Therefore, I call upon such landlords to organize with us for tenant protections that will ultimately benefit everyone and to publicly denounce the behavior of a supposed minority whom you claim do not genuinely represent all “housing providers.” After the events of last night’s meeting, I’m sorry to say you have your work cut out for you to earn the trust of tenants and their advocates, but we will refrain from judging you all based on the statements and actions of your more bigoted and predatory counterparts.

Jared Cavagnuolo
Burbank Tenants Union

    BurCal Apartments8715


    1. Hi Jared,

      Thank you for your missive.

      I have been a real estate investor since 1987. My most recent Burbank real estate purchase occurred in 2007, which is a multi-family (apartment) building. I experienced a real loss, prior to taking depreciation, for many years. I viewed the investment as a retirement income option.

      Property ownership is a complex subject and in my examination of the facts, larger groups that own many properties do better than mom-and-pop investors. Most of the owners are good people.

      That said, long-term buy-and-hold investors like myself are far less likely to buy in a market with strict rent controls simply because these markets tend to attract flippers. When rent cannot cover the cost of mortgage payments, taxes and maintenance, the way to make money on these buildings is to flip them. For smaller buildings like those that I own, I see other property owners building ADUs and then selling the property for more money to capture their profits. This may not serve the tenants’ best interests long-term because flippers may not be attentive to tenant needs. I have seen this occur in other cities.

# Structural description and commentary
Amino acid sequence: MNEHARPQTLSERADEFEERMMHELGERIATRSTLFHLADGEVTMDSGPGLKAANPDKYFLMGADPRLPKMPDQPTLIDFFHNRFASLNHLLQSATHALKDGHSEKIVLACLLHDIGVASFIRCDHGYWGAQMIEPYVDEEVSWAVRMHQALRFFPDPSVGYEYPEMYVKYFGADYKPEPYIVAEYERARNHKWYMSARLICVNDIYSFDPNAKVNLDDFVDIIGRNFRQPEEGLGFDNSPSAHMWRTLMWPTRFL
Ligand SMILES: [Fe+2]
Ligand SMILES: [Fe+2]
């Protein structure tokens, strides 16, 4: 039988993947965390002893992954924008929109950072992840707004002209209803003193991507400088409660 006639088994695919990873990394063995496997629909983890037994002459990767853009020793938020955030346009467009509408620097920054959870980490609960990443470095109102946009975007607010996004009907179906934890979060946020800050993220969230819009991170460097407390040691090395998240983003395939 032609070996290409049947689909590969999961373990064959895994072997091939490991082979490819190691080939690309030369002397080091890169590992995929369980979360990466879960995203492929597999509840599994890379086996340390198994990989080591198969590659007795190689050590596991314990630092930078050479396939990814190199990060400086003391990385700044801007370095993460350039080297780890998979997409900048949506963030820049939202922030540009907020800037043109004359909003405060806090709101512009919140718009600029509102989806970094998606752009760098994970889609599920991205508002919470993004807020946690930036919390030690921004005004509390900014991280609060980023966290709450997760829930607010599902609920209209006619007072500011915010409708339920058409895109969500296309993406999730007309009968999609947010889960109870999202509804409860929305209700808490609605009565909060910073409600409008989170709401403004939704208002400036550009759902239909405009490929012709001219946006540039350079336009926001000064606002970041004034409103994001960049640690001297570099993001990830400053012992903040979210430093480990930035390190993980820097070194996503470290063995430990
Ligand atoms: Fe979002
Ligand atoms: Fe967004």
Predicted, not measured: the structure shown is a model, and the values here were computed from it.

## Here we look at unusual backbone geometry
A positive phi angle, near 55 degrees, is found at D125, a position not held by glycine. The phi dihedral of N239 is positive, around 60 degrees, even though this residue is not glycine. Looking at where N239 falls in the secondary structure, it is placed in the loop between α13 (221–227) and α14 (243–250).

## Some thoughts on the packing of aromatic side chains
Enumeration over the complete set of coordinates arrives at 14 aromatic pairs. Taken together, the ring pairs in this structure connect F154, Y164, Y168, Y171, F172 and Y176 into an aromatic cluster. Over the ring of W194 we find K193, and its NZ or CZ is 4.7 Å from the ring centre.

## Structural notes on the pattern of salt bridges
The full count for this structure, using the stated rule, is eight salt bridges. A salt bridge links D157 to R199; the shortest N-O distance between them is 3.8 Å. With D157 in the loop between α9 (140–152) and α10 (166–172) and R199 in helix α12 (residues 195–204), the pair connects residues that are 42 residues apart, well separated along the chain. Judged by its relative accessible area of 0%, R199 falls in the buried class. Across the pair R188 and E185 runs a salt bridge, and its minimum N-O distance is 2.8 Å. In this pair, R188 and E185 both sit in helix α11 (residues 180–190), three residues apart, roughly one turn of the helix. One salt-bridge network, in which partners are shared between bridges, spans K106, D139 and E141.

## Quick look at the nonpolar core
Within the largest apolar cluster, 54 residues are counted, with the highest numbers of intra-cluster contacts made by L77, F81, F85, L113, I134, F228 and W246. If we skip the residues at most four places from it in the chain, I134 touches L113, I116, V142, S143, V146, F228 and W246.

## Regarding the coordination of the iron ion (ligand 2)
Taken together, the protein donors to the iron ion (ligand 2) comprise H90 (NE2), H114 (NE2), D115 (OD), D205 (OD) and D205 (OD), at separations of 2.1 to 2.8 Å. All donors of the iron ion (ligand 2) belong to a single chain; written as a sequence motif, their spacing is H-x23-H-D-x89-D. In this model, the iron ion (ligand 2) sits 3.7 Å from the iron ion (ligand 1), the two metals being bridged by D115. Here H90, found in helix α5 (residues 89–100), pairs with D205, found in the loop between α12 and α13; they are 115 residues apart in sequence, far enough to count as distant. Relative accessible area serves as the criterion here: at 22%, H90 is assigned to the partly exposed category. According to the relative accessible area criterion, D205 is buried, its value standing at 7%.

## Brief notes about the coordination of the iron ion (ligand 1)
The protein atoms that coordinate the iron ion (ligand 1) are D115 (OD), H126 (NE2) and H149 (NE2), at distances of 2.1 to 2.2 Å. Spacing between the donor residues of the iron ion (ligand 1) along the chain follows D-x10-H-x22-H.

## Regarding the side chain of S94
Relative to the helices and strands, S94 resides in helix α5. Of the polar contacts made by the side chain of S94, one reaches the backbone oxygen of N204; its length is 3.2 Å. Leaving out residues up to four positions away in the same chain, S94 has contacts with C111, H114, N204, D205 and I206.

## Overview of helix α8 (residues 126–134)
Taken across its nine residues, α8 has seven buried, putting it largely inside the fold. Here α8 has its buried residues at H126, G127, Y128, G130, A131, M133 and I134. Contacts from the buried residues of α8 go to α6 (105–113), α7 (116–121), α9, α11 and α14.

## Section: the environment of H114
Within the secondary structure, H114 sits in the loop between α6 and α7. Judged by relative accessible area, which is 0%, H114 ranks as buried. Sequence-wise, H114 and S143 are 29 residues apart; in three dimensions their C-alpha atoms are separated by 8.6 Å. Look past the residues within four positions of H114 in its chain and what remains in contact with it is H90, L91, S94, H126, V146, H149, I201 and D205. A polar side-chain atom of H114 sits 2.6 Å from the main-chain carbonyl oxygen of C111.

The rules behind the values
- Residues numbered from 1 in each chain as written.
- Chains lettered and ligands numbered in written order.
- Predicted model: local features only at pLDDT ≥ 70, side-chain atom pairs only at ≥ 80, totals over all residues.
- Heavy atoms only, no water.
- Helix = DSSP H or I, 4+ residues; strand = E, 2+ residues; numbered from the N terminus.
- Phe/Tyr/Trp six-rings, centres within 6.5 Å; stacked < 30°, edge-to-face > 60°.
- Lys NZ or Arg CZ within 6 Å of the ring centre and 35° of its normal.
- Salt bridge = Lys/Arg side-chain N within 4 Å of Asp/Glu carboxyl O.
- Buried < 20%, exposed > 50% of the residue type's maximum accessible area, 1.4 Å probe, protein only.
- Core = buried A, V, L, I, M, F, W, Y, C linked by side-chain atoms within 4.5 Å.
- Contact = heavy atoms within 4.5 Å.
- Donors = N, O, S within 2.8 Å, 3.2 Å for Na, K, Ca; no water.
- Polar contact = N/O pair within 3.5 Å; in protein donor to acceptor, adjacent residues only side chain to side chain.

Something to look at, the government has become a partner in the equation and frankly, I would encourage you to concurrently look to capping property taxes. Here is an example of how much a tenant pays in property tax (a property owner must cover this from rent):

      Actual property…

      1201 W Verdugo is currently for sale for $2,500,000; a 5-unit small apartment building with all units having 2 bedrooms and one bath.

      Property owners currently pay approximately 1.161456% in total general property tax levies, voter indebtedness and direct assessments on their properties.

      That would mean that the $2.5 million property owner would pay approximately $29,306 in annual property tax, with an increase in that amount every year as allowed by law.

      That comes to approximately $5,807 in property tax per unit. That is approximately $484 in property tax, per unit, per month.

      Nearly every election cycle, someone puts up one or more measures (such as a local proposed parcel tax) that would aim to raise those property taxes.

      Why not change the way taxes are handled? Someone who owns a property for a long time is paying less tax than someone who just purchased a property. Why not permit owners to simply itemize property taxes and charge them directly to the tenants based on some metric, such as per square foot prorated based on the entire square footage of the building?

      One of the complaints I have about property tax? Voters keep wanting to add to it. Perhaps if the tax were separate, on the tenant’s monthly bill, with rent being a separate expense, the voters would put the brakes on voting for these increases.

      $484 per month in property tax per unit is quite a bit of money if you ask me.